MAKING HISTORY STORY, DESIGN & PHOTO QUINN FITZGERALD
Senior Regina Solik is the first female swimmer at Franklin College to compete at the swimming and diving national championships. “It’s crazy,” Solik said. “It feels like a dream because it hasn’t hit me yet. I think when I step in the doors and see the pool, it’ll hit me all at once.” Andrew Hendricks, head swimming and diving coach, is excited in general to have both genders represent the school at the national level. “We’ve had one male athlete to qualify for three years. We really haven’t been super close at getting a female to qualify, but Regina had a great year all year, and she was certainly capable,” Hendricks said. “I think she swam a great race.” Although she is excited to be competing at nationals, Solik said she wasn’t expecting to qualify due to an incident at the Liberal Arts Swimming and Diving championships.
Photo submitted by Regina Solik
At the start of the 50 free preliminary, Solik’s goggles filled up with water and prevented her from seeing the wall clearly. She placed 5th and was able to compete in the event later that night, but the scratch affected her mentally and emotionally. “One of her strengths and a disadvantage at the same time is she’s an emotional swimmer, so she performs with a real competitive spirit,” Hendricks said. “When she hit the wall, her mind automatically went to did I just fail.” Both Hendricks and Solik’s teammates tried to keep Solik optimistic about winning her event. “I really remember getting up on the blocks and looking over to my entire team,” she said. “They were screaming my name, getting me so pumped up. I had so much adrenaline in me.”
Solik was so focused on winning for her team that she didn’t even realize that she not only made time, but she also qualified for nationals. “When I get out of the pool, all of my friends come up to me and are like, ‘You got national cut. You’re going to qualify. That’s great,’” Solik said. Even though she made national time, Solik had to wait two weeks after the championships to figure out whether or not she was going to nationals. Solik was thrilled to receive the news that she was competing at nationals, and now continues to prepare both physically and mentally for the big day. “Physically, I practice every day still. Mentally, just keeping an open mind and not to get worried about it even though it’s a big event,” Solik said.
Although she will be competing without her team, Solik spoke as though they would be with her throughout the event. “I think it’s exciting that we get to go to nationals,” Solik said. “I say ‘we’ because it’s like a team. If it wasn’t for my team, I would have never been close.” Being the first female from FC to go to nationals, Solik is thrilled to be able to represent all female swimmers. She said it’s exciting to be able to show them that they can do it, especially those, like Solik, who come from a small school. “You don’t have to be from a big high school to go to nationals. You can work your way up.” Solik competes March 15-18 in Shenandoah, Texas.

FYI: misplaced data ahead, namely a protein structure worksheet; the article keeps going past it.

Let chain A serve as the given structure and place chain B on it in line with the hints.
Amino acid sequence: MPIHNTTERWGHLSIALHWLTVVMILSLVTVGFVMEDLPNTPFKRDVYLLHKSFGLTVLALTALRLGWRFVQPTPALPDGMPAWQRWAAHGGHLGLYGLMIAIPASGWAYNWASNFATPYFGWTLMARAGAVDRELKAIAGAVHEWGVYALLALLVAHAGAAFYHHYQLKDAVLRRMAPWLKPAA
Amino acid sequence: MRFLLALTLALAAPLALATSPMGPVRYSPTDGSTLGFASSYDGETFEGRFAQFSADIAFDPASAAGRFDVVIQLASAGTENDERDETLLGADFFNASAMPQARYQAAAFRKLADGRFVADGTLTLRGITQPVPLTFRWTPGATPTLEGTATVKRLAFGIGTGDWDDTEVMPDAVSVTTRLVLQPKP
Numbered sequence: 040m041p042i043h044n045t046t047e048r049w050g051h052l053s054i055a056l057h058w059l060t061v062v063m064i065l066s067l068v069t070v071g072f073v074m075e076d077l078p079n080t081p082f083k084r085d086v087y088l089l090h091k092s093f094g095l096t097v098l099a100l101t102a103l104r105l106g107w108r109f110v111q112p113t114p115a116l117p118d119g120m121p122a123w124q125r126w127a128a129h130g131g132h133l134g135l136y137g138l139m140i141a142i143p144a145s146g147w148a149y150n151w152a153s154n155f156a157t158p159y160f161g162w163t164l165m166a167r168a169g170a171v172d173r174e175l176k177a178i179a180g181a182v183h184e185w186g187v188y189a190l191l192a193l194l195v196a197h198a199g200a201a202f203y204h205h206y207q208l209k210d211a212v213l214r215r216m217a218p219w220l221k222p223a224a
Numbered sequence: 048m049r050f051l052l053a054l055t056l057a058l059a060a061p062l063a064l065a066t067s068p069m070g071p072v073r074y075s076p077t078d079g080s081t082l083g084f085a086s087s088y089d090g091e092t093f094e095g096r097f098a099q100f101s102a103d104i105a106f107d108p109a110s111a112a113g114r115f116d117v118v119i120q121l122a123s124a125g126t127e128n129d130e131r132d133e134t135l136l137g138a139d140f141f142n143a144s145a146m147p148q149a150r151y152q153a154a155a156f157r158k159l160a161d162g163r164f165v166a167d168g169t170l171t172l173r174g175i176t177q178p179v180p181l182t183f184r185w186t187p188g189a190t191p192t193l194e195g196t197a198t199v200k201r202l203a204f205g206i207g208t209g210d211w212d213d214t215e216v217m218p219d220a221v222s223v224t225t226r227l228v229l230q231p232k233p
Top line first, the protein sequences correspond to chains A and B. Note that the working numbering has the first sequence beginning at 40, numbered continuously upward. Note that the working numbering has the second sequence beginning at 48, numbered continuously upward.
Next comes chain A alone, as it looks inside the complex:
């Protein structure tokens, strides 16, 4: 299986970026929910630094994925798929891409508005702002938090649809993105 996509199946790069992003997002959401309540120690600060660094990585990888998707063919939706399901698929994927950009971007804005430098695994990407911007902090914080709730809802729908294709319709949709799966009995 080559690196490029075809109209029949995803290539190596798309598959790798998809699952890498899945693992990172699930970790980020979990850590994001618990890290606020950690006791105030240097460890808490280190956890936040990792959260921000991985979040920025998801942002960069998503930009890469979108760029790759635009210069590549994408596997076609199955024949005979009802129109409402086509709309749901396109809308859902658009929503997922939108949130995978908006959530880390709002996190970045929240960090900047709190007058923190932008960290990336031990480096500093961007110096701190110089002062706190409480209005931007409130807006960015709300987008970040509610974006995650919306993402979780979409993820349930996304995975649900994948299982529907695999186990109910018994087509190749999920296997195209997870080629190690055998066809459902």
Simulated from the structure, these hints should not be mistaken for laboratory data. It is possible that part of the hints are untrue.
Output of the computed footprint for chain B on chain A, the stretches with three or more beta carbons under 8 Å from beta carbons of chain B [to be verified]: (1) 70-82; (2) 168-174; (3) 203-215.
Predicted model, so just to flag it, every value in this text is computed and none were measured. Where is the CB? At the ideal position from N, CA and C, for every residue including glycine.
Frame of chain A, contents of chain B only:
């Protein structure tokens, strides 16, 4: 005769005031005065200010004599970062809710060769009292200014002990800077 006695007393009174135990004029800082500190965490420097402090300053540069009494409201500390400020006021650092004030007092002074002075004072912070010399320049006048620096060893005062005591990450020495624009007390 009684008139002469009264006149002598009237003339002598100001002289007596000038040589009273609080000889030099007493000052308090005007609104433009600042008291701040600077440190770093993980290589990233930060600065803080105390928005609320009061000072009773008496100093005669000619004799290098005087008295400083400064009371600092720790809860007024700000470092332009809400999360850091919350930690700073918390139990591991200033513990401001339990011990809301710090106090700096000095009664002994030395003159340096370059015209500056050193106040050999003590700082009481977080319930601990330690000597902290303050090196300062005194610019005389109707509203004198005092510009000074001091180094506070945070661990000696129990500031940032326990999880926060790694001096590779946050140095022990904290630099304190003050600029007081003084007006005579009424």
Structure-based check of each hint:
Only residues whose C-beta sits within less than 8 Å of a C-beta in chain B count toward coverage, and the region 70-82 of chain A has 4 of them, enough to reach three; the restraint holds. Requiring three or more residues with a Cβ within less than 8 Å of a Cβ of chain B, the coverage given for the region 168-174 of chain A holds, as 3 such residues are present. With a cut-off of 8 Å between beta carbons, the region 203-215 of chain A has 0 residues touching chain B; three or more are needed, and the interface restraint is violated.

Baseball team breaks down highs, lows of season so far MEGAN POWELL firstname.lastname@example.org
After a strong showing last weekend at home, the Grizzlies will host a threegame series against Wilmington College this weekend. “I feel like we’re coming along pretty well so far,” said sophomore righthanded pitcher Nate Stonebraker. “The season is pretty young and we have a lot of new pieces to our team, but I think we’re starting to figure out where everyone fits in and how to win games.” The team stands 4-3 overall with a total of 48 runs and five home runs on the season. “Hopefully we will continue to improve and be hitting our stride as we reach the conference season,” Stonebraker said.
FRIDAY, MARCH 10, 2017
New to the program this year is junior outfielder Ryan Erlandson, a transfer student from Western Technical College in Wisconsin. “I saw the history of the program and saw it was the best route to win a lot, ‘cause a lot of the teams I had been on didn’t win a lot of games,” Erlandson said. Not only did the program provide Erlandson with the opportunity to continue his baseball career, but it also gave him a second family. “It’s a very close team and I think each player plays for the guy next to him, so I think that’s what I love most about it: just the bonds with each other and the camaraderie of the team,” he said.
Even though sophomore and righthanded pitcher Ben Sprinkle warms up for games, Sprinkle watches his team play from the sidelines due to a torn ulnar collateral ligament. “I would say it’s pretty easy for me [to be injured on the sideline] because I know my teammates would cheer me on even if they are injured,” Sprinkle said. “I won’t be able to play at all this year, but I should be able to play again next season.” Head baseball coach Lance Marshall said the season started off on a good foot. Fortunately, the weather has cooperated in the team’s favor, leading to more practices and opportunities to prepare for the season ahead.
“Baseball is a very fundamental game, so we’ll continue working offensively, defensively, on the mound and continue to improve,” Marshall said. “We’ve seen some great strides already and expect to see continual improvement as we move forward.” Despite challenges, the team comes together at the end of the day as a family to accomplish one goal — go far in post-season play. “Everyone works hard and has the same mindset, with the ultimate goal to be winning the conference and hopefully having a chance to get to the World Series,” Erlandson said.